Page last updated at 17:01 GMT, Thursday, 22 January 2009

Schools link up for entrance test

'It's a contingency measure'

A group of Catholic and state-controlled grammar schools in Ballymena and Magherafelt is to collaborate on a single independent entrance exam.

They say that unless Education Minister Caitríona Ruane can provide an approved government exam, they will run aptitude tests on 7 November.

The test will be sat by Primary Seven pupils on the same day at various schools, who will share the results.

The final 11-plus was held in Northern Ireland schools last November.

Many Catholic grammar schools have announced they will set independent tests, while more than 30 state schools say they will continue to use academic selection against Ms Ruane's wishes.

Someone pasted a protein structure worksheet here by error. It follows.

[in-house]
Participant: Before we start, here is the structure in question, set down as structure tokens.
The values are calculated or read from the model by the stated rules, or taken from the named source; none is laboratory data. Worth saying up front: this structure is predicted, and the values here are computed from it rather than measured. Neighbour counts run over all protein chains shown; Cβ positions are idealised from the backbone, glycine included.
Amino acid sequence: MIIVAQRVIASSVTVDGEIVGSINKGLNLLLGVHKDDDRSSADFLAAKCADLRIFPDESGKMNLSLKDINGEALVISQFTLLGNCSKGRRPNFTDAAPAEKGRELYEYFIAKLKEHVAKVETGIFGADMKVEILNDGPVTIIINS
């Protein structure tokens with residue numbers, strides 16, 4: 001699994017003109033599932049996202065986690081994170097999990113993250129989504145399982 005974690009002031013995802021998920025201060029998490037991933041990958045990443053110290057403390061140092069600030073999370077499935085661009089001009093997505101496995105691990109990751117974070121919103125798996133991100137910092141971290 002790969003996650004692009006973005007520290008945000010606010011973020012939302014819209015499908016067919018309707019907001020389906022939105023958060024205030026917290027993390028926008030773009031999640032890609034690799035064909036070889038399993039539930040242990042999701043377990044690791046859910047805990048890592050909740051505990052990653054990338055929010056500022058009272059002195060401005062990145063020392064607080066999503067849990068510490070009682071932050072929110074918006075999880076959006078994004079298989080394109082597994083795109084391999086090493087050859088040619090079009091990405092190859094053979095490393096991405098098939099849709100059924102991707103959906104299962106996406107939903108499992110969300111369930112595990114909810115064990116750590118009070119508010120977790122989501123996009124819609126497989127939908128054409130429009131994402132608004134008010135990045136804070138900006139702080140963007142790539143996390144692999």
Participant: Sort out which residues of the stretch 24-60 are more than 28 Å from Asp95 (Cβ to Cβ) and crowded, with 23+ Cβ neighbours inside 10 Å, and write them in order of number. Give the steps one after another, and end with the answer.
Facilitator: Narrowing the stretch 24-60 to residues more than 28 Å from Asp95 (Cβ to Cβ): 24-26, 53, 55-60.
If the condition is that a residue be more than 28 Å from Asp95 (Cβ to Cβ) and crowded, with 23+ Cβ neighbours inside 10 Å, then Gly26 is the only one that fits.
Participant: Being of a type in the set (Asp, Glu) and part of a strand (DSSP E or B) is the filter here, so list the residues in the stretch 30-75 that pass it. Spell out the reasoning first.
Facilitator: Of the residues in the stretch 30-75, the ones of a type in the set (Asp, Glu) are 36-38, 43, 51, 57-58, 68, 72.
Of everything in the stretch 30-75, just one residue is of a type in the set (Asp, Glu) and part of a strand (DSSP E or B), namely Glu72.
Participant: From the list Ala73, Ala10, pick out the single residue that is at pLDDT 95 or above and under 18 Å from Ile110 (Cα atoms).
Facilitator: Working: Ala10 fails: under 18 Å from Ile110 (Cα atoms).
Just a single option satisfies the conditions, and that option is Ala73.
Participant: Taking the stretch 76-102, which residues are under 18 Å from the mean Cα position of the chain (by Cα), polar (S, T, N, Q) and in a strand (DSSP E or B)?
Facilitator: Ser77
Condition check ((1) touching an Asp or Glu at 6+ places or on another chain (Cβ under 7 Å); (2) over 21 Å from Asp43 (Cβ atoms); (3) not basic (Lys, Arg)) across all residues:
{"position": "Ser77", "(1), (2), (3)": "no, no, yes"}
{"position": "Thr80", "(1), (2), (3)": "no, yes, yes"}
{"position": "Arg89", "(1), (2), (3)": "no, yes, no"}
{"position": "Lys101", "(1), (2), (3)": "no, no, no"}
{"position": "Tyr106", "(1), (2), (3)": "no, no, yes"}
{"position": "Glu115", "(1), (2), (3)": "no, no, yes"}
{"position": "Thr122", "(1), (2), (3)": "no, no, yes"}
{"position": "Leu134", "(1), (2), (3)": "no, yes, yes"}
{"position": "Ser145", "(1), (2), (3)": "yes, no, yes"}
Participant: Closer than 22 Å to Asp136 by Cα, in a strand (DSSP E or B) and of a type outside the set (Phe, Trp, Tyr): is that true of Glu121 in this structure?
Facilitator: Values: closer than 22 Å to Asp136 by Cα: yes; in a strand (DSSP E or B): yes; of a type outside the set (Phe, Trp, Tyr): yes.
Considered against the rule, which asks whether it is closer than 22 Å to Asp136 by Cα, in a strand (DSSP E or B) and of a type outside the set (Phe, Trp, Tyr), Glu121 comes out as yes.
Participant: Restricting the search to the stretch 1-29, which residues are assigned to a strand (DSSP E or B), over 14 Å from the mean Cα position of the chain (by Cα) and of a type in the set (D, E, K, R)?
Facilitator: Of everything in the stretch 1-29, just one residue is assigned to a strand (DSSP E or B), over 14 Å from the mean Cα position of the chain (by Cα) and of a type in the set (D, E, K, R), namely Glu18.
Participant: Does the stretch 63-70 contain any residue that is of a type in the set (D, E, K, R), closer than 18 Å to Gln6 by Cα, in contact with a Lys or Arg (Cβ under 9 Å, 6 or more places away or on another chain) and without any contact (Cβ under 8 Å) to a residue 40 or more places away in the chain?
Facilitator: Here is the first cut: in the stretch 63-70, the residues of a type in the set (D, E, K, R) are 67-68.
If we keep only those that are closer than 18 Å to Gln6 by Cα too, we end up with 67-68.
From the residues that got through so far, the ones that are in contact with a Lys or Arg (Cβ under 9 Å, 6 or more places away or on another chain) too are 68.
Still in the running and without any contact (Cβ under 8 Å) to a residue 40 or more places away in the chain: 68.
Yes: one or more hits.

Ms Ruane said in a statement: "I am still working to achieve agreement which could allow schools to apply to use the department's test during a three-year transition period."

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David Lambon, principal of St Mary's Grammar School in Magherafelt, said the test was a "contingency measure".

"We would be much happier if the minister allowed us to continue to use the CCEA test, that is the position of all Catholic grammar schools," he said.

"However, in planning a year ahead we have to publish our admissions criteria in the next few months, so as an efficient organisation we are trying to do that."

Ballymena Academy principal Ronnie Hassard said the test was designed to ensure performance "would not be enhanced by intensive coaching".

As a compromise interim measure following the end of the 11-plus transfer test, the minister for education has said grammar schools can use tests set and marked by the Council for the Curriculum, Examinations and Assessment.

But the schools would be restricted to taking 50% of pupils on academic criteria the first year, diminishing to none after three years.

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